When Patients Think They Know Best

From Medscape Hematology-Oncology > Cheson on Oncology
When Patients Think They Know Best

Bruce D. Cheson, MD

Authors and Disclosures

Posted: 05/01/2012

Video link - http://www.medscape.com/viewarticle/762796

Hello. This is Bruce Cheson from Georgetown University Hospital and the Lombardi Comprehensive Cancer Center. This is Medscape Hematology.

I shouldn't do one of these when I am upset about something, but I'm going to ventilate a bit. Yesterday was like Goldilocks and the Three Bears in clinic. The irony was striking. The first patient was a young woman -- a lawyer -- whose father is a prominent lawyer and who always comes to clinic with her. She has Hodgkin's lymphoma and had agreed to participate in a Cancer and Leukemia Group B (CALB) Alliance intergroup study. In this study, patients with limited-stage Hodgkin lymphoma get 2 cycles of adriamycin, bleomycin, vinblastine, dacarbazine (ABVD) chemotherapy. If positron emission tomography (PET) is negative, they only get 2 more cycles of therapy. Four cycles has now become the standard in this situation. If they are PET positive, then they get radiation or other treatment.

This patient had her 2 cycles of therapy. She went elsewhere to get another opinion and the other physician agreed with our approach. She returned to get her PET scan and it was negative. Everybody was happy. Yesterday, she came to clinic with her father and her mother for cycle 3, day 15. I walked in the door and she said, "We have decided that I'm going to get 6 cycles of ABVD. We have read the literature and this is our decision."

Needless to say, I was a bit perturbed. Not so much because she would no longer be on the clinical trial -- that is every patient's right to drop off -- but because of the temerity to just tell me what they wanted rather than to discuss with me what they wanted. I produced a recent paper from the New England Journal of Medicine [1] showing that 4 cycles of ABVD for limited-stage Hodgkin's lymphoma was associated with an almost 90% survival at about 15 years. Their response was, "Well, yeah, but that's a Canadian study." These are supposedly intelligent people. I was very upset by that and I will not be giving her 6 cycles of therapy. If she insists on it, then I am sure she can find someone who will do so. I try not to overtreat patients.

What was ironic was the next patient. This was a somewhat older woman in her early 40s who came for a second opinion because she had the same stage Hodgkin's as the previous patient. She said that she had received 4 cycles of ABVD. Her PET scan was negative and her doctor wanted to give her 2 more cycles, but she thought that was too much therapy and came to me to get my opinion.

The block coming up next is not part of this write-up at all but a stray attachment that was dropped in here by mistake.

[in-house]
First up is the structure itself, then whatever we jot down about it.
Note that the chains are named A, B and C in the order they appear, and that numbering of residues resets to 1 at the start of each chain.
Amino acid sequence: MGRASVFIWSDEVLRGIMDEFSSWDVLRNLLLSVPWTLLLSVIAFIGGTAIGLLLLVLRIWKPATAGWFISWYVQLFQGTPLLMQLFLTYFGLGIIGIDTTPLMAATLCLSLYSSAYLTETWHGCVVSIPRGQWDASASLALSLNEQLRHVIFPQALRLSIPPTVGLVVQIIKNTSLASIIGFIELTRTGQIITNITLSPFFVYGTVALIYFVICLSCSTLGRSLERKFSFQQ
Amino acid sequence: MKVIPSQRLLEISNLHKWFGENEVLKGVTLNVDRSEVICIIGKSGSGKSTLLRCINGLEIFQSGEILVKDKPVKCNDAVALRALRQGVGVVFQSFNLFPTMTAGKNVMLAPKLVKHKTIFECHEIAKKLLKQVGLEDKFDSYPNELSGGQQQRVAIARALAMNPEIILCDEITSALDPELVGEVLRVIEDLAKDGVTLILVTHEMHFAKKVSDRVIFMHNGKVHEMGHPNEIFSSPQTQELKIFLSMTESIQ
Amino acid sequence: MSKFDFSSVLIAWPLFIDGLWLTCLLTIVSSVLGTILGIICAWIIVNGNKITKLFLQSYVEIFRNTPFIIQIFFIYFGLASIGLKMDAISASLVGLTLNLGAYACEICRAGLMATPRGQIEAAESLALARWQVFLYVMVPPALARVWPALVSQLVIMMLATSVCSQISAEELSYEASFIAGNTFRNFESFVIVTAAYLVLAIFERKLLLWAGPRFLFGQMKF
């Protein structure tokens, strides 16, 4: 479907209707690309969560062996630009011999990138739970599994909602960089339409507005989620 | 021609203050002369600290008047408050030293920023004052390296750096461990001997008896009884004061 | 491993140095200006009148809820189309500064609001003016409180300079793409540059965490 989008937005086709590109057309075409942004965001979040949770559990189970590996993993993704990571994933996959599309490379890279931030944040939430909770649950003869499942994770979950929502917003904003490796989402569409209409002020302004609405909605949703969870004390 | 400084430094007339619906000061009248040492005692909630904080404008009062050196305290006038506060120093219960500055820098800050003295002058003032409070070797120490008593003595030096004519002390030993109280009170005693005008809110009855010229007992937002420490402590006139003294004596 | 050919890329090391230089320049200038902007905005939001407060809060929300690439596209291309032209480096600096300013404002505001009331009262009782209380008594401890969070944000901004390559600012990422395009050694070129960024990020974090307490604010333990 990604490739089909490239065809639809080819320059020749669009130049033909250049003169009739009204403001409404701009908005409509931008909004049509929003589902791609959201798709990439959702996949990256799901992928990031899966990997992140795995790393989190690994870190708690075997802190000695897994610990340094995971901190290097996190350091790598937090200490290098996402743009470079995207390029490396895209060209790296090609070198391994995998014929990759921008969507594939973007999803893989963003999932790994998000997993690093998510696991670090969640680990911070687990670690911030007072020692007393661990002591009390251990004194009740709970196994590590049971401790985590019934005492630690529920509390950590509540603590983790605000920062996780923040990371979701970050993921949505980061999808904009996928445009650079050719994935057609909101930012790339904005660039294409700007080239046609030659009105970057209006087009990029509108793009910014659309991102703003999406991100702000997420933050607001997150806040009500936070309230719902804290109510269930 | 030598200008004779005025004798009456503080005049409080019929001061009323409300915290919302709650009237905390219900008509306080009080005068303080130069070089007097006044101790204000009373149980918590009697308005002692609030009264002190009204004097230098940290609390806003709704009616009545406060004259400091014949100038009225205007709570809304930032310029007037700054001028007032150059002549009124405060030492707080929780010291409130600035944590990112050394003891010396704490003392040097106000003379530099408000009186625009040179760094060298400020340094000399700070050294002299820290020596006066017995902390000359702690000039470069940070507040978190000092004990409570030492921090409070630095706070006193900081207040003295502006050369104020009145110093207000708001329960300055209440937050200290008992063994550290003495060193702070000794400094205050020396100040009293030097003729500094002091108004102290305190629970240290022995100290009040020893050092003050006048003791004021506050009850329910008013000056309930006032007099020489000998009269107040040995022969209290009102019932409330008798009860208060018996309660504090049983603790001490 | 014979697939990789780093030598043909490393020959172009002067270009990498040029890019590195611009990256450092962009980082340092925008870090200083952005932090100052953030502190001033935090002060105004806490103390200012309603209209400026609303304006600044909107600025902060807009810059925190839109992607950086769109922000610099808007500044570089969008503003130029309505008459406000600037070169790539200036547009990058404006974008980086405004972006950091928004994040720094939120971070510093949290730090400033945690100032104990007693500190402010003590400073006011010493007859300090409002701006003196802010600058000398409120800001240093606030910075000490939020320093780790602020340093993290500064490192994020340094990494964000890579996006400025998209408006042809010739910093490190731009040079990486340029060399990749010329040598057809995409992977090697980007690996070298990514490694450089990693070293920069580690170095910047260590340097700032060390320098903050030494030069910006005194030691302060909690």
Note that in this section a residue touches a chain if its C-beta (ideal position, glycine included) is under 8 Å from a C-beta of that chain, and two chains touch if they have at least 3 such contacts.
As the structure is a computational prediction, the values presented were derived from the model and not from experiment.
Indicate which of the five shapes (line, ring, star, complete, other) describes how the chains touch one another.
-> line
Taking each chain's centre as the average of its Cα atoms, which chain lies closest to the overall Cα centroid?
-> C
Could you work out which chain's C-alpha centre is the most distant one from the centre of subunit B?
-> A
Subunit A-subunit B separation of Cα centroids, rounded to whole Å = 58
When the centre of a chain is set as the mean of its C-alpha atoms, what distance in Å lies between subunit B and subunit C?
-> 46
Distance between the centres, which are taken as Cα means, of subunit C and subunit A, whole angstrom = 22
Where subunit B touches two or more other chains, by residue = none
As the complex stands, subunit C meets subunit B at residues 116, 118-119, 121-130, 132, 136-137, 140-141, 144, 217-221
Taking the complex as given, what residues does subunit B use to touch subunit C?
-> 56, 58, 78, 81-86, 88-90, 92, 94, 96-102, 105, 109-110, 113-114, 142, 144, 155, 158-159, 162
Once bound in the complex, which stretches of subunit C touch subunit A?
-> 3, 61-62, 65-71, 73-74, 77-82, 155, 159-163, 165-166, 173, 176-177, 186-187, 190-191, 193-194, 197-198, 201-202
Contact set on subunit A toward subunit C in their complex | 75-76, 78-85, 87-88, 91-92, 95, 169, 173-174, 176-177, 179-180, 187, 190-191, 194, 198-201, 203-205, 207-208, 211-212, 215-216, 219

We had one patient saying, "Gee, this is too little therapy," and another patient saying, "This is too much therapy." In fact, what they had received was just the right therapy, and in their situation, it was 4 cycles.

The second patient was very happy and the first one wasn't terribly happy. It just shows you that patients can be right. They are not always right, but you need to at least have a discussion with them about the reasons for doing what you are doing. I explained to the first patient about the risks for secondary malignancies, infertility, cardiac dysfunction, and the reasons why over the years (since we are curing so many patients with Hodgkin's lymphoma) we have been trying to reduce the amount of therapy to decrease the long-term adverse effects. Somehow, it just didn't sink in.

We do our best and we try. Most of the time it works, but sometimes it doesn't. I made one patient happy and one probably not quite as happy as she could have been, but she will be cured of her disease.

This is Bruce Cheson. I'm sorry if I am just venting and rambling today, but it was an interesting contrast. Signing off for Medscape Hematology until next time.

This is interesting. When I

This is interesting. When I was in the ER with my parent, three people came in. One ER doctor said, what the hell have they been doing all this time? An aide came in and said he disagrees with what I said. That person was wrong. The third was a doctor and his English was hard to understand and he had an attitude, but said get that patient to ICU. Those two doctors saved my parent.

Hmmmm..... Identifies

Hmmmm.....

Identifies patient, provides video and written descriptions of her treatment, AND the patient, and her father are lawyers. How long do you suppose it'll take for the summons to be served on the good doctor?

Blue Skies

"Temerity?" Maybe both

"Temerity?"

Maybe both patients were right. They just had different priorities and comfort levels about treatment protocols.

Patients should be treated as

Patients should be treated as individuals. The “standard” treatment may not be the best option for everyone.

I agree the first patient should have discussed it with the doctor rather than walking in and saying, this is what I want. They are supposed to be working as a team.

Had the doctors given the patients all the information at the beginning and explained why 4 cycles was the best treatment maybe neither patient would have questioned their treatment plan.

The best doctors listen to their patients.

"The best doctors listen to

"The best doctors listen to their patients."

They're so rare. Maybe if there were reimbursement codes for listening and thinking, they'd become part of clinical medical practice once more?

I just want to add that Osler made it clear that patients *do* know best, in some of the most important ways. Doctors who have forgotten that patients are those they're supposed to serve, rather than just perform standard cookbook expedient procedures on in high enough volume to make it financially rewarding and safe from censure for not being one of the sheep herd are anathema to quality health care.

Sadly, they're also the community standard.